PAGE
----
Sunday, September 26, 2010

Ecologists Target UK Freight Industry After Shipping Pollution Report

Is Unilateral Action Necessary to Combat Emissions?
Shipping News Feature

UK – WORLDWIDE – The ecological press this week are full of selective details from a report released by the Tyndall Centre for Climate Change Research in conjunction with the Sustainable Consumption Institute based in the University of Manchester claiming ‘UK shipping emissions are six times higher than expected’. Unfortunately it seems such publications are intent on sensational headlines rather than accurate reporting, with UK shippers and forwarders being blamed for a disproportionate amount of pollution rather than a balanced analysis of the report.

In fact the report actually centres on the potential for the UK to enforce unilateral reduction in shipping emissions and concedes that this might well lead other EU countries to see this as an opportunity to take up the slack by not reducing their own pollution levels. It also concedes that currently, as so often when dealing with statistics, the method used to calculate the UK’s contribution to harmful emissions is the deciding factor as to the level as a percentage of a world total, which again the authors agree, differs wildly, dependent upon whose figures one uses.

The points made by the report as to the responsibility for emissions are both fair and valid. Global trade is the driving force and the report suggests that exporters and importers, because of their need to ship cargo, are principally responsible for the quantity of CO2 etc. produced; a fairly obvious conclusion. It then goes on to state that the factors involved in calculating appropriate responsibility is contained in data, tonnages, type of cargo, distances for each consignment travelled and by which methods, are manifold and simply too complex and the data too unattainable to be fully considered!

Having decided they do not have sufficient for a proper analysis, the authors of the report continue to specify the aspects of the transport process which the UK can reasonably be expected to mitigate which serves to demonstrate a certain naivety. According to the report the UK can in some ways influence port operations, the quantity of imports and exports and their value, the destination and ownership.

To précis the results of this part of the study some of the conclusions are that a higher tax on bunker fuel might make people consider alternatives but is likely to ensure ships refuel overseas. More control on UK shipping may make for efficient British ships but most likely they would reflag elsewhere. And so it goes on, lots of ideas but little in the way of practical solutions. The authors did in fact take the trouble to canvas twenty six people with knowledge of the industry and their conclusions were frankly unsurprising.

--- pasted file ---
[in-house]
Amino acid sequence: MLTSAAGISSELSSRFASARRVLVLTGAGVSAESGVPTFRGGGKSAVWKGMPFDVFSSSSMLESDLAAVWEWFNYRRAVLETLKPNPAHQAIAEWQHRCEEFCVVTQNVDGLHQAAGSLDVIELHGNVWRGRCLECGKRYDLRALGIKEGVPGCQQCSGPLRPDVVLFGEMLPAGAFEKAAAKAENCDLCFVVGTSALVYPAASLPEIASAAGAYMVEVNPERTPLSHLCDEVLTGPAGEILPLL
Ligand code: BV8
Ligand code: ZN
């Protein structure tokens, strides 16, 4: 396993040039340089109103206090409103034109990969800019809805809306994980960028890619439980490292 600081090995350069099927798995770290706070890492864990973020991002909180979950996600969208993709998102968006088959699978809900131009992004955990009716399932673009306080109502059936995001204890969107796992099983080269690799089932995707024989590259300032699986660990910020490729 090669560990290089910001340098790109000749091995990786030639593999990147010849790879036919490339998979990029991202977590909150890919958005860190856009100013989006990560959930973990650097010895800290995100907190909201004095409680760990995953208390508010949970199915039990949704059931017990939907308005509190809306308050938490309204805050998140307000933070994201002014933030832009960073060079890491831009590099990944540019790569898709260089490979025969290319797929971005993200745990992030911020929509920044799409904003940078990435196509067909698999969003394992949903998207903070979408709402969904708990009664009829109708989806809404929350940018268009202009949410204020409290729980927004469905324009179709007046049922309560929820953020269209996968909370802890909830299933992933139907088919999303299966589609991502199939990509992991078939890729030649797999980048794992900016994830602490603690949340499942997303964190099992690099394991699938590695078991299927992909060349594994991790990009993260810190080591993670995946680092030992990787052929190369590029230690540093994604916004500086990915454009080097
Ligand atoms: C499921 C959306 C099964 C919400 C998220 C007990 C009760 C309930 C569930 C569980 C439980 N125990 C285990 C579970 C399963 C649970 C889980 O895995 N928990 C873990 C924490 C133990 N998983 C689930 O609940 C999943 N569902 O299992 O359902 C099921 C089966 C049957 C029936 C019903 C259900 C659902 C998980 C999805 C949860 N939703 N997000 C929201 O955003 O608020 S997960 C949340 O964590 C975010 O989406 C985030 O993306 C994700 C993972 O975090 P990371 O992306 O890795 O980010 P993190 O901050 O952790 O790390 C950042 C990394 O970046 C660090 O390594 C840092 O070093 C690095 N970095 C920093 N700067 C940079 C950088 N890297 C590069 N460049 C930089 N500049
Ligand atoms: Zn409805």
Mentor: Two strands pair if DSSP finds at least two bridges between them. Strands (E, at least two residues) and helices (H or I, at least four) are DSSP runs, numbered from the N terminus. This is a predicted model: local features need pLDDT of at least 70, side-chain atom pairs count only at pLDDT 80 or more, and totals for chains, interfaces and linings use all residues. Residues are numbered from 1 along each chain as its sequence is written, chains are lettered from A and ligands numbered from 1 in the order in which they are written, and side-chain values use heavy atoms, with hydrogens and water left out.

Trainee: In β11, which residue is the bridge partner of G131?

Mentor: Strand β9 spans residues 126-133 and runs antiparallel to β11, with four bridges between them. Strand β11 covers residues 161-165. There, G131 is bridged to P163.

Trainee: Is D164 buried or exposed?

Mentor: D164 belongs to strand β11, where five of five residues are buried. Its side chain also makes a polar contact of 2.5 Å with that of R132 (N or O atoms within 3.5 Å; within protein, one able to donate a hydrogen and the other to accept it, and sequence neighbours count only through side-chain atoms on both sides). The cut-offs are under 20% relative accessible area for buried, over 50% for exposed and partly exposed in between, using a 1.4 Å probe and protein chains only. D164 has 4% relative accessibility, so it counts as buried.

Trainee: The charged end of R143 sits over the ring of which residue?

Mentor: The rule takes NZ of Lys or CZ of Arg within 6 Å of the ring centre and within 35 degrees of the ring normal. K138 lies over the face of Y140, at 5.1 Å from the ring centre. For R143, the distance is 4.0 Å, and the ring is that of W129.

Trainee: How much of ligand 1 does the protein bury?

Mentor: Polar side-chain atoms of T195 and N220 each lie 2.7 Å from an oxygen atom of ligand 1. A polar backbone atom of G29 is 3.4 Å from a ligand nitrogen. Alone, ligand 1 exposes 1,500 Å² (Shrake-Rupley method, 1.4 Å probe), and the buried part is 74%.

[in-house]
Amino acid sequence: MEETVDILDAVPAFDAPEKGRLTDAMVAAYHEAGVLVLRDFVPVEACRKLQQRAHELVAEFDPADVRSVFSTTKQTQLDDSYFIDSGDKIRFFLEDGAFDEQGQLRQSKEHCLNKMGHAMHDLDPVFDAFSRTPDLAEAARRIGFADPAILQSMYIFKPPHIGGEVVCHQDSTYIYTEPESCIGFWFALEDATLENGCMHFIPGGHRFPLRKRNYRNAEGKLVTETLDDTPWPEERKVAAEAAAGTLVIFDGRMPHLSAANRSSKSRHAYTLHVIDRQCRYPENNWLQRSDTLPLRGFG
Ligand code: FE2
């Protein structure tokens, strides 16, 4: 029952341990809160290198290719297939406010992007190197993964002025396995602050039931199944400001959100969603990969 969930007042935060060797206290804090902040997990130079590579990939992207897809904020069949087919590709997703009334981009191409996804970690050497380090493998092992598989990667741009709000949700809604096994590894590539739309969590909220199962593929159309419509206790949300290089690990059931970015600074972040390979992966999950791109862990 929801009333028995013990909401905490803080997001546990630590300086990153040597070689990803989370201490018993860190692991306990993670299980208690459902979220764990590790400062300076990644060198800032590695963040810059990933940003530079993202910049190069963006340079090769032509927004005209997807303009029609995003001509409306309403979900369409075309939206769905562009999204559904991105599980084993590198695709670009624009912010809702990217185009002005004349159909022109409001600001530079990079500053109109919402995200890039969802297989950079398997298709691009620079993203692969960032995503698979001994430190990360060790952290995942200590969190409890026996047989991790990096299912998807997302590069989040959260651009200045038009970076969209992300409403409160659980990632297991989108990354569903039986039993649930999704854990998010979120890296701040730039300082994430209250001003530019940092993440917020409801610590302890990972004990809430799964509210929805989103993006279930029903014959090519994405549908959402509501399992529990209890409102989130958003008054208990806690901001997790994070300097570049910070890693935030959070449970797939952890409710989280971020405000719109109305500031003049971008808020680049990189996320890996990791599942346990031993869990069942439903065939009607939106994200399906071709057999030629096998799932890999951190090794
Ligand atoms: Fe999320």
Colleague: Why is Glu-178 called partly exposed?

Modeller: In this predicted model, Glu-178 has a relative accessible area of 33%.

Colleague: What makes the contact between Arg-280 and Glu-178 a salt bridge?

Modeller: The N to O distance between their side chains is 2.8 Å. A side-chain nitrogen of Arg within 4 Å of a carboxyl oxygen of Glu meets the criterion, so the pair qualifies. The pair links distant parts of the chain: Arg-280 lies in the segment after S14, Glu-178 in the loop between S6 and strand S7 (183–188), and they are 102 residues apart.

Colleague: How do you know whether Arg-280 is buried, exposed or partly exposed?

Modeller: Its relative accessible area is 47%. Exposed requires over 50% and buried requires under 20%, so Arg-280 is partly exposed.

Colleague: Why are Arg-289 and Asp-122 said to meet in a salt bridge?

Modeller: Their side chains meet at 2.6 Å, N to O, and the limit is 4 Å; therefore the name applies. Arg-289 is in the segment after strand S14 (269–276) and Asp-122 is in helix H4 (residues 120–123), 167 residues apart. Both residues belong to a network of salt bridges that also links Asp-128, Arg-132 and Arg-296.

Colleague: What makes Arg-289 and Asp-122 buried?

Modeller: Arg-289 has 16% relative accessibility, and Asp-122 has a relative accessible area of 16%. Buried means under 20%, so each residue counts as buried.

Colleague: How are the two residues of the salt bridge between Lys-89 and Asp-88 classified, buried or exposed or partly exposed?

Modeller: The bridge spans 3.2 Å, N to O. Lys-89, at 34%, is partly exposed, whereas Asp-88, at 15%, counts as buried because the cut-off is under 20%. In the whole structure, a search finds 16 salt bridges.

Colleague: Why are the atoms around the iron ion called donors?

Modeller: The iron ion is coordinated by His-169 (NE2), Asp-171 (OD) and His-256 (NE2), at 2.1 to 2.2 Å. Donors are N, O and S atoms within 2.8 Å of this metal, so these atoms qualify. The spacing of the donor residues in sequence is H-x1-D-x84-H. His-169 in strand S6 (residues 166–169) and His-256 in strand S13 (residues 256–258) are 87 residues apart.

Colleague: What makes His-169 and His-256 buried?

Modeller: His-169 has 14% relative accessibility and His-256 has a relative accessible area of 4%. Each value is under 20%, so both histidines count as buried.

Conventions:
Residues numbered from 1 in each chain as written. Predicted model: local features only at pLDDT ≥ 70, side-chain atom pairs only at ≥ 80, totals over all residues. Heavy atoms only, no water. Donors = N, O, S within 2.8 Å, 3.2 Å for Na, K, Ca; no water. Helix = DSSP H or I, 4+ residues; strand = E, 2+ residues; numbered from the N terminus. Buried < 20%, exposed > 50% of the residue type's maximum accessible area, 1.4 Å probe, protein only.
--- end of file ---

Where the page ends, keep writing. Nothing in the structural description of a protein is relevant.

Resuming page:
Some of these ‘stakeholders’ thought unilateral action to be a complete waste of time (we are not told what percentage). The report admits that only a global policy will result in meaningful control of pollution such as that being pursued by the International Maritime Organisation (IMO) but feels complementary unilateral policies have a place. The report concludes that that ‘the fairest and most practical unilateral measures require a hybrid of apportionment methods. Further research will explore the potential for a hybrid of apportionment methods’. In other words after writing a 103 page report they have arrived at the same conclusion that any junior shipping clerk worth his salt could have told them, namely this is a huge industry, far too complex for simple solutions.

We have regularly listed here the ‘unilateral’ actions taken to limit emissions, not by the ponderous discussions of politicians and academics but those involved in industry, the inventive and savvy companies who are bringing us new designs for ferries and container ships with numerous technical innovations, electric delivery trucks, hybrid vehicles and truck design. This is not to mention the efforts made worldwide where appropriate to switch to less damaging forms of transport, rail freight over road haulage for example.

The politicians who can really make a difference need to make bold moves, no matter how unpopular, the banning of cheap bunker fuel use right across waters in their control, as insisted on by the California Air Resources Board (CARB) prohibiting vessels and vehicles with unacceptable emission levels, infrastructure financing for multi modal carriageetc. The report points out that the Kyoto Protocol specifically omits shipping and aviation and that is the problem. With no mandatory power to force action, seen by politicians as vastly unpopular, damaging to international trade and possibly unenforceable the matter has been left to others.

With the International Civil Aviation Organisation (ICAO) and the IMO apparently unwilling or unable to implement rapid, meaningful changes to avoid the frightening prospects that the report foresees by 2050, things may continue as they are. The IMO has already been heavily criticised by environmentalists and freight organisations alike for their inability to legislate in a timely fashion to solve this hugely important and pressing problem, so it may be that Universities continue to type up their reports on imported computers on foreign paper at a desk manufactured overseas whilst transport industrialists innovate but essential global action remains a distant dream.

A link to the .pdf copy of the full report can be found HERE.